When you do something in The Sprawl that has a chance of failure, you take two regular six-sided dice, roll them and add them together, then add that something, usually a number between -1 and +2. If your total is more than 10 (a hit), you get what you wanted. That’s called a hit. If your total is between 7 and 9, you mostly get what you wanted; maybe you only got most of what you wanted;
maybe you got what you wanted but something went wrong as well. That’s called a weak hit.
Now, if you rolled less than six, that’s a miss. Maybe you’ll get what you want anyway, but it’ll have strings attached. The MC will make a move.
Making Moves The second core mechanic is the idea of “moves”. A move is some action that triggers a decision or
uncertainty. The Killer tries to shoot the the corp security guard in the face? That’s a move. The Hacker tries to crack open a secure system? That’s a move. The MC blows out the apron on the Driver’s hover-limo? That’s a move.
As a player, a move happens when you say you’re doing something that corresponds to the fictional trigger on the move. So, lets say you’re the Hunter and you’re narrating how you’re across the street
from an apartment building scoping out the security. There’s a move for that:
Check it out (Edge) When you closely study a person, place or situation, roll+Edge. On a 10+, ask the MC 3 questions from the list below that your examination could answer. On a 7-9 ask 1.
Take +1 forward when acting on the answers.
• What does ______ want?
• How is ______ vulnerable to me?
• What is my best way in/way out/way past.
• What should I be on the lookout for?
• What is my biggest threat?
The section in bold is the fictional trigger, in this case, when you closely study a person, place or situation. So when your character does that thing in the fictional game world, you the player, do what the move says afterwards. In this case, roll+Edge (one of the basic stats), then look at what the move tells you happens on a hit, a weak hit and a miss. Sometimes a move won’t tell you what happens on a miss. In that case, the MC gets to make a move.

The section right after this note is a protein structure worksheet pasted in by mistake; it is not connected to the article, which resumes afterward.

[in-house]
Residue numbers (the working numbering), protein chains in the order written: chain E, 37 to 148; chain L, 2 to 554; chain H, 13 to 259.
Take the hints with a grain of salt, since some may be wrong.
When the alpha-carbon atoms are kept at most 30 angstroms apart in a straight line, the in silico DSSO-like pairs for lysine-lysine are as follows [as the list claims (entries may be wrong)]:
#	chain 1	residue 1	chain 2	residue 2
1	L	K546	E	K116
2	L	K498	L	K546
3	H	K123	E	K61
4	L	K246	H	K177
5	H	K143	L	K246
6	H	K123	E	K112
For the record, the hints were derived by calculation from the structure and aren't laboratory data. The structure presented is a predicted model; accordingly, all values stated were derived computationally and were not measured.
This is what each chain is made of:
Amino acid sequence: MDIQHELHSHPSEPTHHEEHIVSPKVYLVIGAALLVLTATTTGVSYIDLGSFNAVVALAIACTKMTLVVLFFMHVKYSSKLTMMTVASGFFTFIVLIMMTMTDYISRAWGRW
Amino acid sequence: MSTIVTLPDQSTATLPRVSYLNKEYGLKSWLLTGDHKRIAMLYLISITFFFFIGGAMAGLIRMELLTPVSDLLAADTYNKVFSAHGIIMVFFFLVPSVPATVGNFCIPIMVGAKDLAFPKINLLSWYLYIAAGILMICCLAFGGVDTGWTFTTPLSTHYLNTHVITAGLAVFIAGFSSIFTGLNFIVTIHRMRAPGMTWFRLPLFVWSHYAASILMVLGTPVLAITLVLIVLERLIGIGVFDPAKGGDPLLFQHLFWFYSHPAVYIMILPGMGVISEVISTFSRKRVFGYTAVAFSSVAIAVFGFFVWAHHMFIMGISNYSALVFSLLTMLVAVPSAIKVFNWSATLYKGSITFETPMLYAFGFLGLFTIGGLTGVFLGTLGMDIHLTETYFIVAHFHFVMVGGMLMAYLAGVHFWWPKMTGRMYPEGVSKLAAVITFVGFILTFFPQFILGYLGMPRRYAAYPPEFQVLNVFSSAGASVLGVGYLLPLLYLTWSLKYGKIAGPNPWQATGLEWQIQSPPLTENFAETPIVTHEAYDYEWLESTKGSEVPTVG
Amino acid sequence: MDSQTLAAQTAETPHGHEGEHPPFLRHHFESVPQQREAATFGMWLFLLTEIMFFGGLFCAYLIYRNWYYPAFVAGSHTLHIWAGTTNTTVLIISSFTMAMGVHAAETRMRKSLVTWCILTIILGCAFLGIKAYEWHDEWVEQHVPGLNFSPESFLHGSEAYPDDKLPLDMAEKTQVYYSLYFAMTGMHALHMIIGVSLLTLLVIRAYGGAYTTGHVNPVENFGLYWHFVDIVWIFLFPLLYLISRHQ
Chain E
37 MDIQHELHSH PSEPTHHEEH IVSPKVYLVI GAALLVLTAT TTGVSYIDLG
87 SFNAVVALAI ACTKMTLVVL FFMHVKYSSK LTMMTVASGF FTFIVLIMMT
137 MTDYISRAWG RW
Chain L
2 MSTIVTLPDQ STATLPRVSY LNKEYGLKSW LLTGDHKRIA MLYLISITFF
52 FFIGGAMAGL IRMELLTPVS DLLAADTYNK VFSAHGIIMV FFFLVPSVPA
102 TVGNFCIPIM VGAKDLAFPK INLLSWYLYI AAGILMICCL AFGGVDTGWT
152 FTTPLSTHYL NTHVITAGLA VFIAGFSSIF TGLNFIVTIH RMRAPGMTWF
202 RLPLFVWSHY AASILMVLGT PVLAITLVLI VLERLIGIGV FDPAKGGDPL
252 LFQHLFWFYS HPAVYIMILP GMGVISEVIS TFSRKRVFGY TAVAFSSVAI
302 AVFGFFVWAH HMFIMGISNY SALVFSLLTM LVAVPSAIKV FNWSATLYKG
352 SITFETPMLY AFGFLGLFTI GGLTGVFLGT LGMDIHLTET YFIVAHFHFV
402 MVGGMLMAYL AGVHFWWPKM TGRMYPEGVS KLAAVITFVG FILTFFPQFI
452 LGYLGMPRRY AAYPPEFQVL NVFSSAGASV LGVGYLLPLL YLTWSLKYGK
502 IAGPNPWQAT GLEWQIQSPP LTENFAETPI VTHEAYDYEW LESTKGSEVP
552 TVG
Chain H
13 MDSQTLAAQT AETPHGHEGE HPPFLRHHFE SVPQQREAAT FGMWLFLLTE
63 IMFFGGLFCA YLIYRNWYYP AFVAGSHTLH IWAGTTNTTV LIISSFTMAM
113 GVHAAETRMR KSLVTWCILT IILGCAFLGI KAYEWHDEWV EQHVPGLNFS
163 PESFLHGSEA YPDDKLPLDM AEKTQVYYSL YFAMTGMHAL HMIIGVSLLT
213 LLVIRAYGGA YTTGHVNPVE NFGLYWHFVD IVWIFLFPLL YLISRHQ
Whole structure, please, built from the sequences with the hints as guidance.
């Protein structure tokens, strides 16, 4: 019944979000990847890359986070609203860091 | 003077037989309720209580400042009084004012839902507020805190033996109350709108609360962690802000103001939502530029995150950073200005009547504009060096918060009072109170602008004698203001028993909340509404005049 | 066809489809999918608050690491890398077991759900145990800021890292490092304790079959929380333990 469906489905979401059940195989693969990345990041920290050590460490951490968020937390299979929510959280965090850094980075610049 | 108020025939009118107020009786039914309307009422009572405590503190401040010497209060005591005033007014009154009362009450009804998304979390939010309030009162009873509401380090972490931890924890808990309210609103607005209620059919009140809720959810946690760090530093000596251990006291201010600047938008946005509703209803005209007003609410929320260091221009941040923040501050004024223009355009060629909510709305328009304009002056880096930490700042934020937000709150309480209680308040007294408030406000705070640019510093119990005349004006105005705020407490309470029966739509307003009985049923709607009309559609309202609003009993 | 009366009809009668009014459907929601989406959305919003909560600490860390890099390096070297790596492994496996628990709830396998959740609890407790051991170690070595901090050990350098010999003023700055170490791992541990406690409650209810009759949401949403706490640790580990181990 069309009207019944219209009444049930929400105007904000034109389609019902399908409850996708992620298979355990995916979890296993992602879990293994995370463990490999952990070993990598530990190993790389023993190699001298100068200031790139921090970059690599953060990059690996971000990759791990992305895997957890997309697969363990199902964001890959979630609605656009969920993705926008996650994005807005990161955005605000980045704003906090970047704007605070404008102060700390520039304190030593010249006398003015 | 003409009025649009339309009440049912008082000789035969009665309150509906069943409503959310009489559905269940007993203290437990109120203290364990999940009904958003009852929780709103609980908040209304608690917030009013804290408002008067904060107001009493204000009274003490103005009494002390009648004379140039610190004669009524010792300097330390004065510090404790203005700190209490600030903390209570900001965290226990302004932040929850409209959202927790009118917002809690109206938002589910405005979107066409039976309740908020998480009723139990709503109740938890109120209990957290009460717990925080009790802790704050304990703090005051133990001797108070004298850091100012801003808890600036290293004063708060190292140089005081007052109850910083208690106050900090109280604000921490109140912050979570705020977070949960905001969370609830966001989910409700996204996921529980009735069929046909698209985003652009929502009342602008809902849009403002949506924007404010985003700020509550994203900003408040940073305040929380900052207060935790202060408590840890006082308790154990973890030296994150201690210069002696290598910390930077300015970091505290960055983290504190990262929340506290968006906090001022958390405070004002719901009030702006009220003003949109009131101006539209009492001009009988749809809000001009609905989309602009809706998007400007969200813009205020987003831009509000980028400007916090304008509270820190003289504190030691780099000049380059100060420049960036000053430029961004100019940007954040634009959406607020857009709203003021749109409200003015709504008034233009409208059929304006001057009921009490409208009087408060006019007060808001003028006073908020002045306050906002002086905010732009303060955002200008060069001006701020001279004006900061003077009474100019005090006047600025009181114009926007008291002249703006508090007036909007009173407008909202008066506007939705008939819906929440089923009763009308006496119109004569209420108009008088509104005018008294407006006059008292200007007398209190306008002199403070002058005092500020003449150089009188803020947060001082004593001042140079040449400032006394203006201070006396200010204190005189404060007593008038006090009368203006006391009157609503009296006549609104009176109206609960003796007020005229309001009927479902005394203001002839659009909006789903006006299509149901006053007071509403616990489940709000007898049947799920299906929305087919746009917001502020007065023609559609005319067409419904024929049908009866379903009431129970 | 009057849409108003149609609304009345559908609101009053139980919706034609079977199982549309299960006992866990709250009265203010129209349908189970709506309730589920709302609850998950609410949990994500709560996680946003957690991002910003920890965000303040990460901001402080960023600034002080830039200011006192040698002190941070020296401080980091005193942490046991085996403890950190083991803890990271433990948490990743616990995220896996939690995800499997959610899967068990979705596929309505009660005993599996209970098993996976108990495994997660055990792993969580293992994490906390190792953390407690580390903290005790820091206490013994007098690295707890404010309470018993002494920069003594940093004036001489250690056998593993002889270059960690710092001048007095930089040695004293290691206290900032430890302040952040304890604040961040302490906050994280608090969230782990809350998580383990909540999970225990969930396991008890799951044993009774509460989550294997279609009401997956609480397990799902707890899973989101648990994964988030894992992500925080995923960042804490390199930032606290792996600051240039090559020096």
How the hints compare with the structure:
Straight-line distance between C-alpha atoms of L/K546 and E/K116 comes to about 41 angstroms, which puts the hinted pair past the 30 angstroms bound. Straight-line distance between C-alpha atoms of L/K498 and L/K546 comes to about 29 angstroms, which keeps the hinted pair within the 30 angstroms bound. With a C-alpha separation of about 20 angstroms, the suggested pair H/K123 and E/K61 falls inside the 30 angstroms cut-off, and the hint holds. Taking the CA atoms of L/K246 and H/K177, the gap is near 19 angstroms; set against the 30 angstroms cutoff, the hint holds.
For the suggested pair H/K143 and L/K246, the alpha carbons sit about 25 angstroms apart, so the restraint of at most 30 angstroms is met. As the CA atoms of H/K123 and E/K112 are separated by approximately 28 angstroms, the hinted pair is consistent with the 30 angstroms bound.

If your character performs an action that corresponds to the fictional trigger, then you make the move. Likewise, if you want to perform the move, your character has to do the action that corresponds to the fictional trigger.
Some moves are available to everyone in The Sprawl and are used quite commonly: these are called Basic Moves (see Chapter 4). Other moves are used on in very particular circumstances: these are called Special Moves (see Chapter 5). Others are only available to certain playbooks: these are called Playbook Moves. Playbooks and the moves associated with them are described in Chapter 3).Regardless of the kind of move it is, all the rules above apply. You have to perform the action in the fiction to engage the mechanics of the move, and if you do the move in the fiction then you engage the mechanics of the move.
Terminology Some moves will grant you a bonus Forward (“take +1 forward”); in this case add one to the next move roll you make. Sometimes a move will say you take +1 forward to a particular move or type of roll (such as “take +1 forward to mix it up” or “take +1 forward when acting on the answers”).
Some moves will grant you an Ongoing bonus (“take +1 ongoing until...”); add one to each roll as long as the condition applies. This bonus may also be limited to a move or fictional situation (such as “takes +1 ongoing while you act on an assigned task” or “take +1 ongoing to fast talk”).
Other moves will grant you hold, a type of currency which you can spend later for various effects.
The move that grants you hold will also tell you what you can spend it on, so when you gain hold, note down how much you have and where it comes from. For example a Hacker who rolls her Console Cowboy move might write down “Console Cowboy, 3 hold”. Then mark it off as you use it.
5/66 The Sprawl: Alpha Version firstname.lastname@example.org MC Moves In The Sprawl, everyone makes moves, even the MC. The MC’s moves work a little differently, though.
When a player misses a move, or when the players are waiting for something to happen, or when the fiction demands it, the MC gets to make a move. Moves can be soft and give the players a chance to avoid bad consequences, or hard and impose consequences on the players right then. It’s a continuum, but those are the end points.